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Saturday, 17 February 2007


John Proffitt

"Stations will opt for local survival before national excellence..."

Indeed! That's what we're doing in Anchorage right now -- surviving. But, ironically, our local survival currently depends almost exclusively on that national excellence. Without the NPR/APM/PRI content we buy at outrageous prices, we'd be pretty much dead in the water. The content we produce ourselves certainly doesn't approach national quality. And we don't produce much of it anyway.

Our connection with the community -- our "relationship" with our listeners -- isn't based on what we do locally. It's based on regular delivery of national content in a format that, for now, still suits a large portion of the audience: drive time radio. That audience is shrinking, of course, but it's still there in sufficient numbers.

It's no wonder most listeners refer to us as "NPR" -- so much of our listened-to day comes straight off the satellite anyway. We might as well be NPR. In fact, maybe NPR should just buy us and get it over with! Why not just become the ClearChannel of public radio?

When I think about this conundrum -- the "local" station that can't survive without national content -- I wonder what it would be like to startup a true community-based station, like so many low-power FM groups have done in recent years. To be focused solely on serving your town or even a collection of neighborhoods or townships -- what's that like?

In any case, I think our future looks like one of these three options:

1. We will join a collaborative/cooperative new media model like what Stephen Hill proposes in the posting you noted above. It will be some kind of new model where all "public media" entities can gather their content and their audience, whether on air or online.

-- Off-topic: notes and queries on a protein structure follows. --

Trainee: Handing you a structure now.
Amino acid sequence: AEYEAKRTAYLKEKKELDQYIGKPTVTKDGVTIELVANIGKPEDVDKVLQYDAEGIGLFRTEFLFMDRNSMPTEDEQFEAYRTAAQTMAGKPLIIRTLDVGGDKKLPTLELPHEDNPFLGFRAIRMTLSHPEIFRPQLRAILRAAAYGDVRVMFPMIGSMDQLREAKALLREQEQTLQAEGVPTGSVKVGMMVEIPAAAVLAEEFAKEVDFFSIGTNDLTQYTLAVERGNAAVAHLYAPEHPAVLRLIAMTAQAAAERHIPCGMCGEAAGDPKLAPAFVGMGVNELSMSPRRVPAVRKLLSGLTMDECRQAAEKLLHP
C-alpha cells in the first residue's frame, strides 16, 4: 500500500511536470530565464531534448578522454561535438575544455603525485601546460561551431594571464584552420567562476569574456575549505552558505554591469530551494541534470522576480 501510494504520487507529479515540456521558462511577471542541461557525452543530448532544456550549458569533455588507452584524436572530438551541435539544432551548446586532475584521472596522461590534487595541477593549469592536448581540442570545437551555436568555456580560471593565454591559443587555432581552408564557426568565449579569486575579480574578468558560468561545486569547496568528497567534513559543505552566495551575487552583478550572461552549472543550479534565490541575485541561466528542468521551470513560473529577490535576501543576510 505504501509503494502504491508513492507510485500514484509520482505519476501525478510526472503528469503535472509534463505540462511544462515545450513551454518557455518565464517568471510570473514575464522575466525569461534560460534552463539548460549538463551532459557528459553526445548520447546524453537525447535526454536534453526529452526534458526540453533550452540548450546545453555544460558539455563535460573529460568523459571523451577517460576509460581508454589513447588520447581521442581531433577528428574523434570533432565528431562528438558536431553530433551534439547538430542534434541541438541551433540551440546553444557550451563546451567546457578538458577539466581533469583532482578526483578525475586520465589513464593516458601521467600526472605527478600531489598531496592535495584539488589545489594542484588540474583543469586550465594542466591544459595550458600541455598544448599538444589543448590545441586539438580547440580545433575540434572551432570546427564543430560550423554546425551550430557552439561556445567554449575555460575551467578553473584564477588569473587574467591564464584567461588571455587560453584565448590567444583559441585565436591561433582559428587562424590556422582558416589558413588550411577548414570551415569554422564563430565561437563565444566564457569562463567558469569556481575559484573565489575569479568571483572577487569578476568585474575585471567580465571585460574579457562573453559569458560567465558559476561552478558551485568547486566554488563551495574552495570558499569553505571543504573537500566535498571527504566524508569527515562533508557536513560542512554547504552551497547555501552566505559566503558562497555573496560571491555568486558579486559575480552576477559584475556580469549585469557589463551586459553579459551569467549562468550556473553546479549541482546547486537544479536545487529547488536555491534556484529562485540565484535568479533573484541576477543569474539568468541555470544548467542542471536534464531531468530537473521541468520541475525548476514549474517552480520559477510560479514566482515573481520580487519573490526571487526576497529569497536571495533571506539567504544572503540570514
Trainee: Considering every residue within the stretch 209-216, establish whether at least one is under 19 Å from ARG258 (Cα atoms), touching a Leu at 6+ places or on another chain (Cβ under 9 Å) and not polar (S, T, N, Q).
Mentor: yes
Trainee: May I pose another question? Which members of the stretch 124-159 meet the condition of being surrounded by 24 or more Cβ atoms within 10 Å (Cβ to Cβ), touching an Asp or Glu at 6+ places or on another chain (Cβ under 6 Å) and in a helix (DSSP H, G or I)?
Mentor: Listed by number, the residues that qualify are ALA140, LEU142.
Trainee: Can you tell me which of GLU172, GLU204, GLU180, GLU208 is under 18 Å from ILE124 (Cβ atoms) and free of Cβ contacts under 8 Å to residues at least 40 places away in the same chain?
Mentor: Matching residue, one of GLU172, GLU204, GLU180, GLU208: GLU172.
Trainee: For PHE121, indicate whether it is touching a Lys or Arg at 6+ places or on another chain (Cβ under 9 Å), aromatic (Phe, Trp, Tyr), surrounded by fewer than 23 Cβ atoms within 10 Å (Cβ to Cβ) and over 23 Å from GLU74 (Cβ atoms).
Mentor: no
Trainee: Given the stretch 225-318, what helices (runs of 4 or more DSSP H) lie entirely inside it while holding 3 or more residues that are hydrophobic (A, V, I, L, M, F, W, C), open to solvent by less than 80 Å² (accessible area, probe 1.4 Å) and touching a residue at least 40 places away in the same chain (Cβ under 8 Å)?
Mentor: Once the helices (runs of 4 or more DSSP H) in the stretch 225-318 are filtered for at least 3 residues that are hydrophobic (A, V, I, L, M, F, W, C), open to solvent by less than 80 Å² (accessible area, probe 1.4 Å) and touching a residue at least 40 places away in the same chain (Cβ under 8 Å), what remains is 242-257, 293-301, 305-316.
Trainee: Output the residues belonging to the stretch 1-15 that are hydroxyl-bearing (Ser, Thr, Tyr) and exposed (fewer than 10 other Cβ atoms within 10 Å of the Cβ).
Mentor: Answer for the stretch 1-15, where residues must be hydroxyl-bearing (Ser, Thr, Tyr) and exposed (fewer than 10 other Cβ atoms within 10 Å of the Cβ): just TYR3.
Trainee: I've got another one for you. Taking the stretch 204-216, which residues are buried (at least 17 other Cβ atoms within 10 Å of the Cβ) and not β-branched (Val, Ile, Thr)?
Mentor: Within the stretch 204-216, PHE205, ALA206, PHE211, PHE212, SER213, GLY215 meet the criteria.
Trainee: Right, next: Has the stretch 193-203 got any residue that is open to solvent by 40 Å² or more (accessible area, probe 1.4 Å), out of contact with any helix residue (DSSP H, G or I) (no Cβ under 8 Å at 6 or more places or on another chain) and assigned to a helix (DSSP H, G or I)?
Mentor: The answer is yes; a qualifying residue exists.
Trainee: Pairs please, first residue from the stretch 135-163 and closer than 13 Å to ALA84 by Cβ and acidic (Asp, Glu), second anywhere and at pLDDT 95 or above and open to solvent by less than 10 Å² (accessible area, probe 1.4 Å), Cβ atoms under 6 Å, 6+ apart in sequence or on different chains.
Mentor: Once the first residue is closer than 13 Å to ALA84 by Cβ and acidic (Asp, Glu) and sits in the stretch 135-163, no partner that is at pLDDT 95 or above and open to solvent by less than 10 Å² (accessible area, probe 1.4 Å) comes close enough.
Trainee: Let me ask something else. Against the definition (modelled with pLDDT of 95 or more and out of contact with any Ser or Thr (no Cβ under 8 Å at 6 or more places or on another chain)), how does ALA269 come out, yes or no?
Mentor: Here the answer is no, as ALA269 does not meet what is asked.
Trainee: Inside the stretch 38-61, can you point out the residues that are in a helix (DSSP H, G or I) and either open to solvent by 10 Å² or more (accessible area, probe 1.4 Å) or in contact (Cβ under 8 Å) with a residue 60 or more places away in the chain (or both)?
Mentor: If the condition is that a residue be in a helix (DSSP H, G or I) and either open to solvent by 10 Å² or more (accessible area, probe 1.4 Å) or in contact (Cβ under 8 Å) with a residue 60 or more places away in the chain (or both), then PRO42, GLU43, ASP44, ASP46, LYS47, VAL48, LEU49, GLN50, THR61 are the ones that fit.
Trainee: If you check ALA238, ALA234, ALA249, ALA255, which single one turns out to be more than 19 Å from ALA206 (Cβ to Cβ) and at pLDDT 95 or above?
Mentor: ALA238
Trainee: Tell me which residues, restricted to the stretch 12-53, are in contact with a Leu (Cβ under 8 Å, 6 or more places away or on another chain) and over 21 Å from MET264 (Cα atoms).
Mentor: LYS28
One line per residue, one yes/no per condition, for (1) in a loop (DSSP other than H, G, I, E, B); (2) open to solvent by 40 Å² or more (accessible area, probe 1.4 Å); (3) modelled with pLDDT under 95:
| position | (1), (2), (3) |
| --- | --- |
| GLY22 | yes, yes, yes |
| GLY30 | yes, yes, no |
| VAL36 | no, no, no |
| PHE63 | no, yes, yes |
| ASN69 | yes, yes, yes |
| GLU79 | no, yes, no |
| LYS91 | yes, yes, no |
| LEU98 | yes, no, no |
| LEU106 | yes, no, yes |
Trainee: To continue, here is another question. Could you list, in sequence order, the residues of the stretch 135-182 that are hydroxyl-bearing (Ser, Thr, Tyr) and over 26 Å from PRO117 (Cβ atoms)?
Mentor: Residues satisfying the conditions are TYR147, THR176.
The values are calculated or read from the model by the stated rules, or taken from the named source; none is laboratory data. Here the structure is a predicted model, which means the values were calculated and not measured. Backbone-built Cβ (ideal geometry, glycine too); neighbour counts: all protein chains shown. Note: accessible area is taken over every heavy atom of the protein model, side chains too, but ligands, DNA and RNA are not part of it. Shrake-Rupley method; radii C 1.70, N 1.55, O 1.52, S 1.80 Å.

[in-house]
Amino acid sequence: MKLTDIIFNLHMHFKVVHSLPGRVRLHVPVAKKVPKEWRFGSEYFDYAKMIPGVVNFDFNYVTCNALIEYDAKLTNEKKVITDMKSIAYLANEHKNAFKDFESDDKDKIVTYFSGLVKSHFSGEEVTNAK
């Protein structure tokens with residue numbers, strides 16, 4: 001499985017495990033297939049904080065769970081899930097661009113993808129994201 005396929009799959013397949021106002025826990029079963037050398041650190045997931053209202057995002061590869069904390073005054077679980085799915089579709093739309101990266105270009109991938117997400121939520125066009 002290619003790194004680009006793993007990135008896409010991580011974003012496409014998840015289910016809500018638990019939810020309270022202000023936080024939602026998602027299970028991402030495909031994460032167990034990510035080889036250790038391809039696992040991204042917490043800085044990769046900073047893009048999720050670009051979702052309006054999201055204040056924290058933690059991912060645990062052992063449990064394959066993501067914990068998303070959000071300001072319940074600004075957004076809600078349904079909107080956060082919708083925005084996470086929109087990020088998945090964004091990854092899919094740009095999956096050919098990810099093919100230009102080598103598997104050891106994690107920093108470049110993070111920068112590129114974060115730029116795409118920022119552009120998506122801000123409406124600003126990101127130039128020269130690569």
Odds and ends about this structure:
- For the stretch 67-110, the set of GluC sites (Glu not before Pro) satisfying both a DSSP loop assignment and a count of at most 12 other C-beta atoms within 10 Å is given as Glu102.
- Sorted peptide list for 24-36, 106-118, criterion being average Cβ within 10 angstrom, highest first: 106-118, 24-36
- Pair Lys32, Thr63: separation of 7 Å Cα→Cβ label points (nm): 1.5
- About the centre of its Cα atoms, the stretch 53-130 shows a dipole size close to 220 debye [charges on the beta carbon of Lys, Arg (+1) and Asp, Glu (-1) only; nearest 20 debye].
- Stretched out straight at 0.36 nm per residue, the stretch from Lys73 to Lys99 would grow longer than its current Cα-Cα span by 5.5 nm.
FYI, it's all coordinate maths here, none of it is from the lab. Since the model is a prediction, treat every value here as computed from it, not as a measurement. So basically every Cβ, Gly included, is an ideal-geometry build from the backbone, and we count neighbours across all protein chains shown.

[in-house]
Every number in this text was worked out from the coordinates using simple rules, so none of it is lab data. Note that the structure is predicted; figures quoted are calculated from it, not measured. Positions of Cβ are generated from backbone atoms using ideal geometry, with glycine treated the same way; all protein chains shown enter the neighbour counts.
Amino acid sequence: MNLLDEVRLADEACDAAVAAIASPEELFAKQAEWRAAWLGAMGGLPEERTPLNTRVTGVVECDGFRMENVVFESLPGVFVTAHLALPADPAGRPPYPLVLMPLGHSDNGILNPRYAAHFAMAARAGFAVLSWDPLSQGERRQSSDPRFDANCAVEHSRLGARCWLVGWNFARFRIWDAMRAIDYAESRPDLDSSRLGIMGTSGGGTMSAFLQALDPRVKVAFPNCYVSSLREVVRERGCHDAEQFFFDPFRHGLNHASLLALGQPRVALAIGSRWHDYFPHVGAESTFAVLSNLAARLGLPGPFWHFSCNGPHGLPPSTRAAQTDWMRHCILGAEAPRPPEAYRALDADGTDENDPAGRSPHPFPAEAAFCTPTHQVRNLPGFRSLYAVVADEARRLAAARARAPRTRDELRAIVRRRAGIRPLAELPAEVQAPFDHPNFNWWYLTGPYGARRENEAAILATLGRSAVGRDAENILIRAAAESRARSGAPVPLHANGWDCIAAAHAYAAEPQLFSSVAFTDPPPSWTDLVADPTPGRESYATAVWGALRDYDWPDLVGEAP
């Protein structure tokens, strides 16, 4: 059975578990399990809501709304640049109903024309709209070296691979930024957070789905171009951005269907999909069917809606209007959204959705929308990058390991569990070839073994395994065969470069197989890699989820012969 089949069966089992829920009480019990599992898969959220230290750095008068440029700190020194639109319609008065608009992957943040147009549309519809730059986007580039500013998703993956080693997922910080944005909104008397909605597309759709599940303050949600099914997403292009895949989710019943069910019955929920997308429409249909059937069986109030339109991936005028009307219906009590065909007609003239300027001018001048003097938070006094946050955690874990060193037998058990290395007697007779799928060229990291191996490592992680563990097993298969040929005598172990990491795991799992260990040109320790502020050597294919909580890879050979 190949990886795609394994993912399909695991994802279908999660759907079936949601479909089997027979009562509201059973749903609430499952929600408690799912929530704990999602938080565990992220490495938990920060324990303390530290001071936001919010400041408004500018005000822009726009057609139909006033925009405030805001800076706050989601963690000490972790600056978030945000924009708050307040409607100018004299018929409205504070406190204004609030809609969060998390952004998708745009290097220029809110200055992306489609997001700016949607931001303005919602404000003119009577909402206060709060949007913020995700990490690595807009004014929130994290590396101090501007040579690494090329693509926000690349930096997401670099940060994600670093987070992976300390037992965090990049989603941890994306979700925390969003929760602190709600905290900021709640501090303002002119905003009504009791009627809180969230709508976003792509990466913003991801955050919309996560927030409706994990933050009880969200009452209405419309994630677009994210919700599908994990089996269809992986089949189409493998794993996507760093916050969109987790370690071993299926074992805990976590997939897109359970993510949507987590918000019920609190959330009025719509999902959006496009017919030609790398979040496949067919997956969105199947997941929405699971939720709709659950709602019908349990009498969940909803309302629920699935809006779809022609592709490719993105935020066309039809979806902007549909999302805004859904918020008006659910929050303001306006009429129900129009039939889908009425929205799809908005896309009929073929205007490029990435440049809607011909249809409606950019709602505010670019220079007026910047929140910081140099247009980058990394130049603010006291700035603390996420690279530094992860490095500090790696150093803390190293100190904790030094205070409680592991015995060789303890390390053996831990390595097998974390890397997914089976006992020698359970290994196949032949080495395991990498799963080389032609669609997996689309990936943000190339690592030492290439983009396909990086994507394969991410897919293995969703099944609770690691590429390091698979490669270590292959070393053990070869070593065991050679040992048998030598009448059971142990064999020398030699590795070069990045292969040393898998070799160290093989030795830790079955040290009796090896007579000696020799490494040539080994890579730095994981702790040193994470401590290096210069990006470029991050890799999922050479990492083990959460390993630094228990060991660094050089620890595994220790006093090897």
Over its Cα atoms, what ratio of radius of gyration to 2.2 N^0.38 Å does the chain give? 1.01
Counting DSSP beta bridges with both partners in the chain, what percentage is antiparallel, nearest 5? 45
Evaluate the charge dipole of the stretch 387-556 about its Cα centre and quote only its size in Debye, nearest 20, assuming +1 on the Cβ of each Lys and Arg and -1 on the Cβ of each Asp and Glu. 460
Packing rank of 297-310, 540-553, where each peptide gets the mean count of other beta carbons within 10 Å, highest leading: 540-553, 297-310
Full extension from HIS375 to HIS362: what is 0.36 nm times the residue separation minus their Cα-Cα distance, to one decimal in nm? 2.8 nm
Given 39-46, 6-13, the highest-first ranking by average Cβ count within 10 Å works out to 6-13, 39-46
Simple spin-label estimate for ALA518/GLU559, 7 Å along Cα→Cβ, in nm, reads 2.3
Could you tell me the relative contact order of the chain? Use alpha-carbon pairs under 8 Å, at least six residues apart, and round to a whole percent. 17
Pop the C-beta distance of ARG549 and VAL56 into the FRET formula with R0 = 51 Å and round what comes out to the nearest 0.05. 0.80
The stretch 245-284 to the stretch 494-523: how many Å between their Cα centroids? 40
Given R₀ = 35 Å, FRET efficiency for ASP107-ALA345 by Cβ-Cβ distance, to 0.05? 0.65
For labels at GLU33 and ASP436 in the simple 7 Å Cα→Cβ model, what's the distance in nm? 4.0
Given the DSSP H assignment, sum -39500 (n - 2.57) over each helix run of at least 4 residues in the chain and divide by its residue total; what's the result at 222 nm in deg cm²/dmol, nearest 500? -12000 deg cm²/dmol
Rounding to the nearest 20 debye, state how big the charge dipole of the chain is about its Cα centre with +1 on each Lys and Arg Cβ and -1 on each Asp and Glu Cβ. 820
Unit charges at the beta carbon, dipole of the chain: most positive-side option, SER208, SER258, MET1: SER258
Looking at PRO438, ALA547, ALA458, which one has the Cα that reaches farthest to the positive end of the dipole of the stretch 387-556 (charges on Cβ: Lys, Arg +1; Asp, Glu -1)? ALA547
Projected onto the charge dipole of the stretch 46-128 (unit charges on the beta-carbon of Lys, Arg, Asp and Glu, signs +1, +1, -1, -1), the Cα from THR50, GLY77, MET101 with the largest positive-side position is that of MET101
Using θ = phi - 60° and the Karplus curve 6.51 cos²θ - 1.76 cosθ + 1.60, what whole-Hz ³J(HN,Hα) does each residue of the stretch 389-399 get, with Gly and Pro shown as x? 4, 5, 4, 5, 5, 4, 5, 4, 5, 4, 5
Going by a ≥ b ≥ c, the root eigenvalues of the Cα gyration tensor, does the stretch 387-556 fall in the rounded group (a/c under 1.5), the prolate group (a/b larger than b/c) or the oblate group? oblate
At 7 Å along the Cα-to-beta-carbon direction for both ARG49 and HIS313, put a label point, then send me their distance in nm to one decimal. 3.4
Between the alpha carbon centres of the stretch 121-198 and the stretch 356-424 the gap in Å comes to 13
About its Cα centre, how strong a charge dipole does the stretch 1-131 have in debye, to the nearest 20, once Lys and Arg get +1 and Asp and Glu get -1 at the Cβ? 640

2. We'll turn into a simple, local community station that just does radio. We may even go to a relatively low-power FM system with an IP stream on the side. But our purpose in life will be creating content that's intensely local and meaningful for our geographic audience.

3. We'll remain a high-power FM station that builds a somewhat more local presence but still carries NPR/PRI/APM/etc. Only in this new model, we'll get those national sources for FREE. Shoot -- they may even pay us to carry their wares just like Proctor & Gamble pays for premium shelf space in every supermarket it can find. And why not? The ad revenue will go to the nationals and they'll start accepting money directly from the public for subscription services. So their service will be fully paid for, and getting into our market on our transmitter will be very valuable to NPR/APM/PRI. Once the high cost of buying programming is lifted off our shoulders, we'll have more resources to focus on our community (creating relevant content, building relationships, etc.).


One other semi-related point... the DDC concept so far appears to benefit primarily the players that created it. That would explain why its creation has been so quiet and behind closed doors, despite claims of openness from the start. Perhaps we'll see more details at IMA, but to date, I'm highly skeptical, especially based on the way it was presented at the IMA meeting in Arlington this past fall. I think Stephen Hill has the right idea in his post -- we all play together to win together. I think the DDC players are playing to win primarily for themselves.

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